• Mr. Burns' proposed lineup and the years they played: P Mordecai "Three-Finger" Brown (1903-1916); C Gabby Street (1904-1931); 1B Cap Anson (1871-1897; incidentally, one of the most racist players in baseball history); 2B Napoleon Lajoie (1896-1916); SS Honus Wagner (1897-1917; arguably the greatest player who ever lived); 3B Pie Traynor (1920-1937; also referenced in Dancin' Homer); LF Shoeless Joe Jackson (1908-1920; banned for life in Black Sox Scandal), CF Harry Hooper (1909-1925) and RF Jim Creighton (a superstar before the game got organized. As Smithers notes, he died in 1862 at the age of 21). Mr. Burns' must have been quite the fan from the mid-19th to early 20th century. That team has six Hall-of-Famers (Joe Jackson would have been seven had he not been banned).

    • In one of the baseball games Rich Moore, David Silverman, and Wes Archer can be seen on the bottom row.

    • A sign at the Springfield Heights Millionaires Club states that you must have more than one million dollars to enter.

    • The Heimlich Maneuver poster pictures a man choking on a whole lobster.

    • Marge wears a Smilin' Joe Fission cap atop her hairdo.

    • Goof: When Homer gets beaned by the pitcher, Lisa says that it counts as a hit. It doesn't, it would count as a "hit by pitch."

  • QUOTES (20)

    • Lenny: Hit one here Charlie!
      (Charlie swings his bat, it slips out his hands and goes flying into one of Lenny's shins)
      Lenny: (in pain) Aah! Aaah!

    • Carl: (to Homer) Yeah, and I got my enchanted jock strap!

    • Rich Man: Would you care to bet a million dollars.
      Mr. Burns: Oh, if we're going to bet, why not make it interesting?
      Rich Man: What, a million dollars isn't interesting to you?
      Mr. Burns: Oh, did you say a million? I'm sorry, my mind was elsewhere. I thought you'd start with a small amount, then we'd slowly bait each other, and . . . well, you know how it goes. Yes, certainly, a million will be fine.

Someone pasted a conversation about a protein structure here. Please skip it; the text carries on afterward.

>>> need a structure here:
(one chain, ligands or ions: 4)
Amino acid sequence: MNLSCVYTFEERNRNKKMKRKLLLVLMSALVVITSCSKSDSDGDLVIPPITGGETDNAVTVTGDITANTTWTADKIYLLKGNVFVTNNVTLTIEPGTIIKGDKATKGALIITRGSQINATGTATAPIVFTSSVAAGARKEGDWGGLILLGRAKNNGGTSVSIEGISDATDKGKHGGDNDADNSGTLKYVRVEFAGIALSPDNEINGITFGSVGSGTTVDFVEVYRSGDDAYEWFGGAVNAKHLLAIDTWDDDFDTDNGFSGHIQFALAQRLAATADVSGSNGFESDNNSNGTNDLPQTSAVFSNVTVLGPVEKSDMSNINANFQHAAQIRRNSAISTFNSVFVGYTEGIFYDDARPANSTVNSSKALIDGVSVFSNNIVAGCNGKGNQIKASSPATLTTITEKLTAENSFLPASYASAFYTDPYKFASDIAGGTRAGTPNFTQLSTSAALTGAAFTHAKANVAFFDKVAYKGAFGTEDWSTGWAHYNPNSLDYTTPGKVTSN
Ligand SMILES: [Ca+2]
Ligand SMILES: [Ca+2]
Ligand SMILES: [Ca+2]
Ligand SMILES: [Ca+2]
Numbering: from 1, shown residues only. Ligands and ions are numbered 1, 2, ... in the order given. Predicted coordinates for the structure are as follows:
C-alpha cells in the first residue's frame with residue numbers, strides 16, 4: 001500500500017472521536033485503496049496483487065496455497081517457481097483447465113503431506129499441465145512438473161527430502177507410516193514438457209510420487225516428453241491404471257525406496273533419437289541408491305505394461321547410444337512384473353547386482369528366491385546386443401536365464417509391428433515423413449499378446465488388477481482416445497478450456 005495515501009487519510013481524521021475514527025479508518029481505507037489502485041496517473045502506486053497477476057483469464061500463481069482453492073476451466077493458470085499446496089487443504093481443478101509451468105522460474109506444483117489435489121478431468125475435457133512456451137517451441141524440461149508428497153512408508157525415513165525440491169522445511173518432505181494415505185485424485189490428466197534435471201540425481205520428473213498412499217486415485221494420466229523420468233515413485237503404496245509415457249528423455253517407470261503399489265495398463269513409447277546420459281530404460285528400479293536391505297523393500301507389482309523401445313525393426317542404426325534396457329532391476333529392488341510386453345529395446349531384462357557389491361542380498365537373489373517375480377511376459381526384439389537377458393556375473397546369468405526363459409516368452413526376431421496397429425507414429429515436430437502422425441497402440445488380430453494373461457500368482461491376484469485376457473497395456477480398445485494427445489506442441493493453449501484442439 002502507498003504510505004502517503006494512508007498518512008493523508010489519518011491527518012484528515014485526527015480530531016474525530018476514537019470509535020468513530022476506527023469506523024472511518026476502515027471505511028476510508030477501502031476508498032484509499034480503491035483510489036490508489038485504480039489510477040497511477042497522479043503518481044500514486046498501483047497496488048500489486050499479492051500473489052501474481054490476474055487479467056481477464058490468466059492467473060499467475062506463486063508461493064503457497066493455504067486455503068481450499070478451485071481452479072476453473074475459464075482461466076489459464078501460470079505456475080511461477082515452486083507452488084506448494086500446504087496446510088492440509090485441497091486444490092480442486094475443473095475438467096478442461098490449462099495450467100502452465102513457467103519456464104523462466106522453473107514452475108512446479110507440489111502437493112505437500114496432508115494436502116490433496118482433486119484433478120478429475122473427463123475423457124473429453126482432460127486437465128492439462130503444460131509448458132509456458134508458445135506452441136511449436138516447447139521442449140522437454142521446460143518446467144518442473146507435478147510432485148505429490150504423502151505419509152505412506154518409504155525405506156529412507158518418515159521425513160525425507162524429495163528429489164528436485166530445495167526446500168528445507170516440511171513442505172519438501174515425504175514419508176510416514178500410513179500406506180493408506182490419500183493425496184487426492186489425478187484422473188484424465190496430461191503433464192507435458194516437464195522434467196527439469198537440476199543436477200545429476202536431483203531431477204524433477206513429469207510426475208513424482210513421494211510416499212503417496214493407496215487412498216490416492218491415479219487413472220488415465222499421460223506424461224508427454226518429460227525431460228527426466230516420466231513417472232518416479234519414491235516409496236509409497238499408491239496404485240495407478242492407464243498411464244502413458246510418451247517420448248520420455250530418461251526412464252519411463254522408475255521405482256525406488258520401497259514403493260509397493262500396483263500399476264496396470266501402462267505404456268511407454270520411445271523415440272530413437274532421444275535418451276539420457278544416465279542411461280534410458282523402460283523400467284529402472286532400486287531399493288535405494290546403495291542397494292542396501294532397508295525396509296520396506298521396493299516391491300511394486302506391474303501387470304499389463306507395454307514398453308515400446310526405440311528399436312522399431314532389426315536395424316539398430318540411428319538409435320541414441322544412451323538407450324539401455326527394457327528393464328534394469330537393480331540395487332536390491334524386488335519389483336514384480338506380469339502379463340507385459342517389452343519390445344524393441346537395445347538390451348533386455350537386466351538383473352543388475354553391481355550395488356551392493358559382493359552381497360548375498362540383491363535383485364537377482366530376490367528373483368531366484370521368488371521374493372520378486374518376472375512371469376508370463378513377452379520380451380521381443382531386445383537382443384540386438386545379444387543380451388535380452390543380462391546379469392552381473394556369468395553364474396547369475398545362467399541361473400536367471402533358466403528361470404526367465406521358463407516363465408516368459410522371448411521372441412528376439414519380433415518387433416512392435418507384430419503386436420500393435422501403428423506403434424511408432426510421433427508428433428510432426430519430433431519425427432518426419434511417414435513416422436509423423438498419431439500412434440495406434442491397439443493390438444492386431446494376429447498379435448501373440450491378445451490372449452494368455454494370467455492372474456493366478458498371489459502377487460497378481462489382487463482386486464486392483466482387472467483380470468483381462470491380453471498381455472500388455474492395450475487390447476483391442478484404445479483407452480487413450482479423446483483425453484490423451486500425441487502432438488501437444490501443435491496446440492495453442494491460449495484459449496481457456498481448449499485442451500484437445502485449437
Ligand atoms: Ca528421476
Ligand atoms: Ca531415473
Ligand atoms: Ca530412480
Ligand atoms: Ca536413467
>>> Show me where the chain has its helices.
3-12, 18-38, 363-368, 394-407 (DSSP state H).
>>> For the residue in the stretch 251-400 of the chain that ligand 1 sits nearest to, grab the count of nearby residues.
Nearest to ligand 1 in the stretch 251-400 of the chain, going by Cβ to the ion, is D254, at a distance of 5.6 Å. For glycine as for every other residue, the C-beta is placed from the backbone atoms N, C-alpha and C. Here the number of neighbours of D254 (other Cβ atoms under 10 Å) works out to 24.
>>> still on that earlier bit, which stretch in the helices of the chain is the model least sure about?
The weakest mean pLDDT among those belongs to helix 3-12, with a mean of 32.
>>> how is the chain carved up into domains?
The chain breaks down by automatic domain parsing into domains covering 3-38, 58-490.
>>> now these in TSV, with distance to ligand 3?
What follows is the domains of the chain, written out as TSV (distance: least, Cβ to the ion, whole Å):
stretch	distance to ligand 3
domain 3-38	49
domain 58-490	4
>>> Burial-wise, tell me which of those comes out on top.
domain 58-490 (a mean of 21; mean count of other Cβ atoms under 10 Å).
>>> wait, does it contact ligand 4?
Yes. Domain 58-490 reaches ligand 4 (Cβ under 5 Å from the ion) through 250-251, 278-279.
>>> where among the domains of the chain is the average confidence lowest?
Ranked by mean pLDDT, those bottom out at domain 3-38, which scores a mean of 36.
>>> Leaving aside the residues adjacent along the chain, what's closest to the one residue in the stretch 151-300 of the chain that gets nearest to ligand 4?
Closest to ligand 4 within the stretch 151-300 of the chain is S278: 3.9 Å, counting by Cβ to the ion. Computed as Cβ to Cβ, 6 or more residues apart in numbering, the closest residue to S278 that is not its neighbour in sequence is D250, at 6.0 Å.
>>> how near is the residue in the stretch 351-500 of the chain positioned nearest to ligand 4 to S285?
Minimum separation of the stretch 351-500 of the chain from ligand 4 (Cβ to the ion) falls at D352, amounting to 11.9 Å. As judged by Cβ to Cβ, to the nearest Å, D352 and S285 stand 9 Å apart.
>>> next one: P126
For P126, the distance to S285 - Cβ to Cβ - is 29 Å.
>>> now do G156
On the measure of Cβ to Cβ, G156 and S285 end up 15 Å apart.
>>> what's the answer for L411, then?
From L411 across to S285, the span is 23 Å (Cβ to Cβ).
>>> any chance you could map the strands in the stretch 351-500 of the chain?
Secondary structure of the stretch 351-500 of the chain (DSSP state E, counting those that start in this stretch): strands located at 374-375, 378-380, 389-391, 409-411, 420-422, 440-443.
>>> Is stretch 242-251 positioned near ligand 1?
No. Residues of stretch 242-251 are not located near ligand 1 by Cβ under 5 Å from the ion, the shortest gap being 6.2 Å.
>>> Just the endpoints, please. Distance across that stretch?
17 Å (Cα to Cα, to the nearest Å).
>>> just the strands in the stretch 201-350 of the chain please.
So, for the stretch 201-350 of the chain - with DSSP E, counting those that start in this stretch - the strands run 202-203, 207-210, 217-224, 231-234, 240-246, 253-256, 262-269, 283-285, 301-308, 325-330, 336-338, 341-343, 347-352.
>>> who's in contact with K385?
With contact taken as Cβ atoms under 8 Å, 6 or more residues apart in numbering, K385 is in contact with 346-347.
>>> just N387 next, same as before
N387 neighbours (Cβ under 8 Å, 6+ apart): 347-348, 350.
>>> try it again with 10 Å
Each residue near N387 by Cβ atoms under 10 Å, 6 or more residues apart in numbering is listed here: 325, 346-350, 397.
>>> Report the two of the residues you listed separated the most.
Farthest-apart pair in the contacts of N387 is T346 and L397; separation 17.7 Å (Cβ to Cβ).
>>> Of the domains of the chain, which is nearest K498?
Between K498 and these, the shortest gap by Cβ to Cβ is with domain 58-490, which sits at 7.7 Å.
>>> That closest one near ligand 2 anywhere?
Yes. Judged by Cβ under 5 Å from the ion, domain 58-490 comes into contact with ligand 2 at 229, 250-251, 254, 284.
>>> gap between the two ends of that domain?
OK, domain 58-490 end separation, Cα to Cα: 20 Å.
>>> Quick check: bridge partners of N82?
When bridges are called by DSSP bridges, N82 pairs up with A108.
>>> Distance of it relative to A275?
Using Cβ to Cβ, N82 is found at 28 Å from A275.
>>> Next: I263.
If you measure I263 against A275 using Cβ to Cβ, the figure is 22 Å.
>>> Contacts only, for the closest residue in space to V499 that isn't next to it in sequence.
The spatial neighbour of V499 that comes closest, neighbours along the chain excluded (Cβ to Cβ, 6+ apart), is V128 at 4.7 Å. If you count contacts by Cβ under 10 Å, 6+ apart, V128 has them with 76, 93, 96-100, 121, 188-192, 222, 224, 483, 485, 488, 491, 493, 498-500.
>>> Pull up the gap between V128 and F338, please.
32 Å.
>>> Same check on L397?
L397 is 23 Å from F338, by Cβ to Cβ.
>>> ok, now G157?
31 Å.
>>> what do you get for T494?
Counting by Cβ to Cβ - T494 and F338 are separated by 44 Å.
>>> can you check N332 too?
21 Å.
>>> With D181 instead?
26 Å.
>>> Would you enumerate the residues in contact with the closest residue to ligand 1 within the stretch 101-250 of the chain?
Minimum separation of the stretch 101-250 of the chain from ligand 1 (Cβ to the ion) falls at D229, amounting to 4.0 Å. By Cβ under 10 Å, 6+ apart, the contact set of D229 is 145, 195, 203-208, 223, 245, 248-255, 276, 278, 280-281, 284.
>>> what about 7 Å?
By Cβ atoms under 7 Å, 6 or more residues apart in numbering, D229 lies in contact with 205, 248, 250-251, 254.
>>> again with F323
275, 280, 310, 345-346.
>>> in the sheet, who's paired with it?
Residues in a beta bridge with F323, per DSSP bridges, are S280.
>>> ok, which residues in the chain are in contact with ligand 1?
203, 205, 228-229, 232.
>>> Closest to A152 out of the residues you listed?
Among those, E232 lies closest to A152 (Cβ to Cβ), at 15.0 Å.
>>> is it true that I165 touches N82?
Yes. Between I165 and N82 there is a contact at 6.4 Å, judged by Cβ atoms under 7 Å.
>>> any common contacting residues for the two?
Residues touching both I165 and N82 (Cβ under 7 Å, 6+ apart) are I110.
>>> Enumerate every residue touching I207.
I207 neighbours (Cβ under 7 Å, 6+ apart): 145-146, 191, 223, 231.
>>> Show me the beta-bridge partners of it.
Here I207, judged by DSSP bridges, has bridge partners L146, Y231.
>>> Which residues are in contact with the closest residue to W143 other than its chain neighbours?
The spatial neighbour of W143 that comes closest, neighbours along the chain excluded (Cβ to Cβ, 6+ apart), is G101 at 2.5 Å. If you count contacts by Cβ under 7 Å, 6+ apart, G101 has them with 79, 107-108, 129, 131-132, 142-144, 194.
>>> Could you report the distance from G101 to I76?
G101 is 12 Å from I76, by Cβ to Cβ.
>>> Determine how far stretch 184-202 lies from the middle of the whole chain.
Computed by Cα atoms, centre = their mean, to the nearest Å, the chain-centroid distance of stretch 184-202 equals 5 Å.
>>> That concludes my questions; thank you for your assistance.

• Officer Eddie: (reading Steve Sax's license) Well well, Steve Sax, from New York City.
      Officer Lou: I heard some guy got killed in New York City and they never solved the case. But you wouldn't know anything about that now, would you, Steve?
      (Lou and Eddie laugh)
      Steve Sax: But there are hundreds of unsolved murders in New York City.
      Officer Lou: You don't know when to keep your mouth shut, do you, Saxxy Boy?

    • Umpire: Okay, let's go over the ground rules. You can't leave first until you chug a beer. Any man scoring has to chug a beer. You have to chug a beer at the top of all odd-numbered innings. Oh, and the fourth inning is the beer inning.
      Wiggum: Hey, we know how to play softball!

    • Lisa: Wow, Dad!
      Bart: Homer, can I get you a beer?
      Lisa: No, I want to get him a beer.
      Homer: Kids, kids, kids! You can each get me a beer.

    • Lisa: You stink Strawberry, we want home run Homer!
      Bart: Darryl... Darryl.
      Bart and Lisa: Darryl... Darryl!
      Marge: Kids, that's not very nice
      Lisa: Mom, they're professional athletes, they're used to this kind of thing, it rolls right off their back!
      (Cut to close up to Strawberry, who begins to tear up.)

    • Homer: Oh no! I don't want you to see me sitting on my worthless butt!
      Bart: We've seen it, dad!

    • Ozzie Smith: How long does it take to see this thing? I'm kind of in a hurry.
      Mystery Spot Owner: Well it's hard to say my friend, once you go in, you may never come out.
      Ozzie Smith: Wow! (puts the money forward) One please! (walks inside and falls into the bottomless hole) Aaaaaaaaaaahhhhhhhh!

    • Homer: Please please please, I want to make the team. Clemens, did I make the team?
      Roger Clemens: You sure did!
      Homer: I did? Woohoo! Woohoo! In your face Strawberry!
      Roger Clemens: Wait a minute, are you Ken Griffey Jr.?
      Homer: No.
      Roger Clemens: Sorry, didn't mean to get your hopes up.

    • Homer: You're Darryl Strawberry?
      Darryl: Yes.
      Homer: You play right field?
      Darryl: Yes.
      Homer: I play right field too, so, are you better than me?
      Darryl: Well, I've never met you, but…yes.

    • Carl: That's it?
      Lenny: Yeah, I've got a magic bat too!
      Carl: And I have an enchanting jockstrap, Heh, heh, heh.

    • Marge: And the next man wants to hit the ball too...and he does and everyone is happy.
      Bart: Uh, mom? Why don't you let me call the game?